Crappie Candy – Size 8
Crappie Candy flies are a combination of Clouser Minnows and Swapfs. They’re often tied in bright colors to attract the attention of the fish. Fish it like you would a normal minnow pattern. Give it a decent amount of action as soon as it falls in or near the structure. Imagine that this fly is a minnow fleeing a school of Crappie. As long as it’s in the right place, it’s going to land fish! Don’t be shocked if it entices a few other species of fish as well! Bass and pike will eat it.
Woolly Worm – Size 8
A Woolly Worm is a mix between a worm and a Woolly Bugger. These patterns are a bit more intrusive than a San Juan Worm. Many Woolly Worms are tied with a bedhead to help them get lower in the water column. These are another good pattern to let fall and float around within the structure. Slow strips towards you out of the structure should be enough to get the fish to bite. You don’t need too much action, but a bit will get the fish engaged.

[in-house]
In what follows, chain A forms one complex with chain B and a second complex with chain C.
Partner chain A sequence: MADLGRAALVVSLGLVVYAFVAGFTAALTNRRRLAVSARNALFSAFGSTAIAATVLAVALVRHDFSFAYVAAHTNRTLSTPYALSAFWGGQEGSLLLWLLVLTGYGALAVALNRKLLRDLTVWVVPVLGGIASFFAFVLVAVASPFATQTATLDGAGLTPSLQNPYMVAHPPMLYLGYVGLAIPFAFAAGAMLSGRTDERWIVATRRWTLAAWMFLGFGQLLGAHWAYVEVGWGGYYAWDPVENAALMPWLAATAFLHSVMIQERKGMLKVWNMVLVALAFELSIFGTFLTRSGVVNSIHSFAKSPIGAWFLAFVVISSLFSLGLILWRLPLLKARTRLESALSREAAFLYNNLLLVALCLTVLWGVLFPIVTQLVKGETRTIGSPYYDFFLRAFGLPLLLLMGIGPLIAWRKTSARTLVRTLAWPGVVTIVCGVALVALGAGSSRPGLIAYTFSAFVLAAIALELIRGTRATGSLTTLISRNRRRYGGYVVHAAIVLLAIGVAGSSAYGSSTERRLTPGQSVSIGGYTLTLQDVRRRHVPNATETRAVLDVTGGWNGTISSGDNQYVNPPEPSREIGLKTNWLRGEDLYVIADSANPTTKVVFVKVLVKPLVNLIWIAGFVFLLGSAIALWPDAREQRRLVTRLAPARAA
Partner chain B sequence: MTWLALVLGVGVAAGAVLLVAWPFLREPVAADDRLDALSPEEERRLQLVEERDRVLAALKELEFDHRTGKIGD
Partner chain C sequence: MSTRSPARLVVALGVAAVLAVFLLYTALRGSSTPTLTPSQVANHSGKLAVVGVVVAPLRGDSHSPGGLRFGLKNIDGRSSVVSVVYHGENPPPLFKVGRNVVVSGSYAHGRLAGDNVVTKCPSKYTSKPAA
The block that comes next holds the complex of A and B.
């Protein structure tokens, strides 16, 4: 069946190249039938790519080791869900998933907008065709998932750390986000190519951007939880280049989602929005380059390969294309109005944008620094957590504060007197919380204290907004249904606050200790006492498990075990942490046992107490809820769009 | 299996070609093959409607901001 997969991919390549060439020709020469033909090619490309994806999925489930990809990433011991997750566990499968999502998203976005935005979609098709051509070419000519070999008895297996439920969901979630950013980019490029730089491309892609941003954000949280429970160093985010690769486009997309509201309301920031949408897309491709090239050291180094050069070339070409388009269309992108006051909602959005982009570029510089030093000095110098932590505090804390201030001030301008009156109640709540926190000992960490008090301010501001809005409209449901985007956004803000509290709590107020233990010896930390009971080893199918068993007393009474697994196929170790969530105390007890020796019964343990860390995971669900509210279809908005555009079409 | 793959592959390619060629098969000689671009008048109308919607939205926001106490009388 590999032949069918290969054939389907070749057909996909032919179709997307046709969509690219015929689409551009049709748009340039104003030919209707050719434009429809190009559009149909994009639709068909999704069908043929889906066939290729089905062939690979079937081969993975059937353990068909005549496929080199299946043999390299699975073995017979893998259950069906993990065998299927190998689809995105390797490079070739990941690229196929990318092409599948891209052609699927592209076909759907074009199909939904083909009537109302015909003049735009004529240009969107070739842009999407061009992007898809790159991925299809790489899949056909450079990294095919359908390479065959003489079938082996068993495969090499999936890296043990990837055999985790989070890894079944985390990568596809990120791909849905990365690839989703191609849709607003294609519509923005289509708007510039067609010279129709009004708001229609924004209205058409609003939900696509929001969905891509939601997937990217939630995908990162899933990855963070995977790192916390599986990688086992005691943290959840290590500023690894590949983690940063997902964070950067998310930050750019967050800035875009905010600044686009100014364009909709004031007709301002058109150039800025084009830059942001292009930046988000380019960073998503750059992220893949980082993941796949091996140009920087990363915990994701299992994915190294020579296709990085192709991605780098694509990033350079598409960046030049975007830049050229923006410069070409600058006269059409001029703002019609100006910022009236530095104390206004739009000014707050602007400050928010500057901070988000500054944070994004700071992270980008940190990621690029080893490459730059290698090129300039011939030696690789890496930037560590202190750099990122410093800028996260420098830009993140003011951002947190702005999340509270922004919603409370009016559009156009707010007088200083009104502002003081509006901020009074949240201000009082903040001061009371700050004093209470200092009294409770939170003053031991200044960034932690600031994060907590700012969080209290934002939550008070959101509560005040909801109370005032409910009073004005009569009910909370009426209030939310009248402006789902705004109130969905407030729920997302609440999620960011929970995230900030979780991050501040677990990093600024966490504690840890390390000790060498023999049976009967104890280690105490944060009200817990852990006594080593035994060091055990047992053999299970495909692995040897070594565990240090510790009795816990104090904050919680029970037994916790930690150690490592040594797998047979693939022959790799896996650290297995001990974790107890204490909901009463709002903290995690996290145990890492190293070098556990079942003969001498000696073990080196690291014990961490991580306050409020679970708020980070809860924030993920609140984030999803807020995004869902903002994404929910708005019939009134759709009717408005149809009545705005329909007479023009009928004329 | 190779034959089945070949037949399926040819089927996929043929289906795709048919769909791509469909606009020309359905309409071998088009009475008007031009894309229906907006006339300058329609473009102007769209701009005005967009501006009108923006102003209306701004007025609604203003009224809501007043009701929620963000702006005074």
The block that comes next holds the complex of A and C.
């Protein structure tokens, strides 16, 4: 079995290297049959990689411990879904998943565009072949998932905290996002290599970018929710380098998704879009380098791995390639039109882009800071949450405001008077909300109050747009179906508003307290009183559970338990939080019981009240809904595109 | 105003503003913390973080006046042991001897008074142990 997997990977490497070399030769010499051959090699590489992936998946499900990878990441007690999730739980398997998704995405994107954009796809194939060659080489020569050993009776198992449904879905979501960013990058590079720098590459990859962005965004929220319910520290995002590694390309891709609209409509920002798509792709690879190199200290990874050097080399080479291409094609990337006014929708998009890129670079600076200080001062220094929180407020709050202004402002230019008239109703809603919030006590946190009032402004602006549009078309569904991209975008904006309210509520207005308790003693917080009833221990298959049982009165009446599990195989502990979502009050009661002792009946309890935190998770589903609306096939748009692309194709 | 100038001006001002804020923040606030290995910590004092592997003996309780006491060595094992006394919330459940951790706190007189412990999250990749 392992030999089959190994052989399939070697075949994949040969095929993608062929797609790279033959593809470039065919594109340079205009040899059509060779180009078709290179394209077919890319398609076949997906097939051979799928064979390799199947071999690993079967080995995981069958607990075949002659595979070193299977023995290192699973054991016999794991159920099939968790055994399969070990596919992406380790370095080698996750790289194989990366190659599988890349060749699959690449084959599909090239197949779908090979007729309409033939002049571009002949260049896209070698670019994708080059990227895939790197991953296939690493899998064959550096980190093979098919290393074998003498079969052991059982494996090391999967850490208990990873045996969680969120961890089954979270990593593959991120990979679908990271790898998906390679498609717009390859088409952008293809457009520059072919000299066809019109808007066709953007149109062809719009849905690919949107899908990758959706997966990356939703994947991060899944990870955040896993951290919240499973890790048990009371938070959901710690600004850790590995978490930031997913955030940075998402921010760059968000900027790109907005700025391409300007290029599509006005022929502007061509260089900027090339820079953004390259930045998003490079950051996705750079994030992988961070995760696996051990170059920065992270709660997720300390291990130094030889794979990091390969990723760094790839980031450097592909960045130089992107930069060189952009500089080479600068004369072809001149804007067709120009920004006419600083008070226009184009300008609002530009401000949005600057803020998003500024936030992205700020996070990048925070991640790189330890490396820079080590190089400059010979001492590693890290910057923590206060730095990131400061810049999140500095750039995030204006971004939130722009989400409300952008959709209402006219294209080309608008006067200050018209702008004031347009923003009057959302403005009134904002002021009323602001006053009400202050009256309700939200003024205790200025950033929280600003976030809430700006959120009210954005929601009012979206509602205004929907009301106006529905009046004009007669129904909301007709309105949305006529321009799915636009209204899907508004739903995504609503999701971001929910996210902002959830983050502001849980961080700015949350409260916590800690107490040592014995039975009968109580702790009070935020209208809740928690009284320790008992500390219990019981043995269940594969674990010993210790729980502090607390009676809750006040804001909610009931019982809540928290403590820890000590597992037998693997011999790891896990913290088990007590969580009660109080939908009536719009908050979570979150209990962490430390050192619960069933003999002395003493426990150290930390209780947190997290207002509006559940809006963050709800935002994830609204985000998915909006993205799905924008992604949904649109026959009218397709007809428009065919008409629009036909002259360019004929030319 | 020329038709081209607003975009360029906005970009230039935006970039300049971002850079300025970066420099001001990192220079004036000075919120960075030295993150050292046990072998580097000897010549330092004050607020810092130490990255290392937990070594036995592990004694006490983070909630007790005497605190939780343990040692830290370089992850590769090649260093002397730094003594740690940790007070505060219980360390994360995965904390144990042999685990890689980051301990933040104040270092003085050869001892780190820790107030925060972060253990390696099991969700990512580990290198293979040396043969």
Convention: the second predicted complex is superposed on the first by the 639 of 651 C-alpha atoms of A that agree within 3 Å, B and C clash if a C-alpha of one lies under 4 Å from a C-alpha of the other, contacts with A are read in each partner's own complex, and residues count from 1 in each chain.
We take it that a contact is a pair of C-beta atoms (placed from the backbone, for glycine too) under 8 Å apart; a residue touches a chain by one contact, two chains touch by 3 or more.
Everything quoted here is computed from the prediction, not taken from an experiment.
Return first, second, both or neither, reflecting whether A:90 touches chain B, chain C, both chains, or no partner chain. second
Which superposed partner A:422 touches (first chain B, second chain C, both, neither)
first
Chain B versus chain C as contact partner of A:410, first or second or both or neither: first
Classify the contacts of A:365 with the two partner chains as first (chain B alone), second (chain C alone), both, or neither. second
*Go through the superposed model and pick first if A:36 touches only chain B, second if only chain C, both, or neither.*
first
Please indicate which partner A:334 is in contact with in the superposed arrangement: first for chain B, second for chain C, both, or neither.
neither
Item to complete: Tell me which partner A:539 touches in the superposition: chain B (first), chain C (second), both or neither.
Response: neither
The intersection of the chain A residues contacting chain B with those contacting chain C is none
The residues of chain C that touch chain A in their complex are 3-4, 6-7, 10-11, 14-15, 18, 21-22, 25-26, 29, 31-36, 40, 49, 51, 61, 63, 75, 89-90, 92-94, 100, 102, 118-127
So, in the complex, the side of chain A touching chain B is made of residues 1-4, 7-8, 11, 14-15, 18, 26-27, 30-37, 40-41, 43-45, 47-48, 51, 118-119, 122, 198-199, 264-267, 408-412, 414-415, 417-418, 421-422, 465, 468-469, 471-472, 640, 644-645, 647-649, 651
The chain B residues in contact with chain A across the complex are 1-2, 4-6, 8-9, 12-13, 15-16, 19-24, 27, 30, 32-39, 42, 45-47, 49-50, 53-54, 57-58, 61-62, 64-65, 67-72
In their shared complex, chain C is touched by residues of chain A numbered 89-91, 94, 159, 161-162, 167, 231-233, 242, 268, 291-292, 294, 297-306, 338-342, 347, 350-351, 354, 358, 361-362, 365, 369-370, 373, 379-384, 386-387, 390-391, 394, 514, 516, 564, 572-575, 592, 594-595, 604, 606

Popper – Size 6
Popper flies are great if you see the Crappies feeding on the surface. You’ll see them snapping at the surface, and the drag of a popper through these fish is going to be enough to get them to bite. It may get lost in the surface feeding action, but that initial tug is plenty to get you on to fish.
Beadhead Soft Hackle Hare’s Ear Nymph – Size 14
Soft hackle flies are great Crappie flies. The Hare’s Ear Nymph is usually a more sleek looking pattern, but with the Soft Hackle, it adds an element of bugginess. This is a great pattern if you’re fishing shallow and dirty water. It has a dark brown color to it, so the fish are going to be more willing to eat it if they see it. You can let this bounce along shore or do short strips towards you. If you know the fish are shallow, use this fly!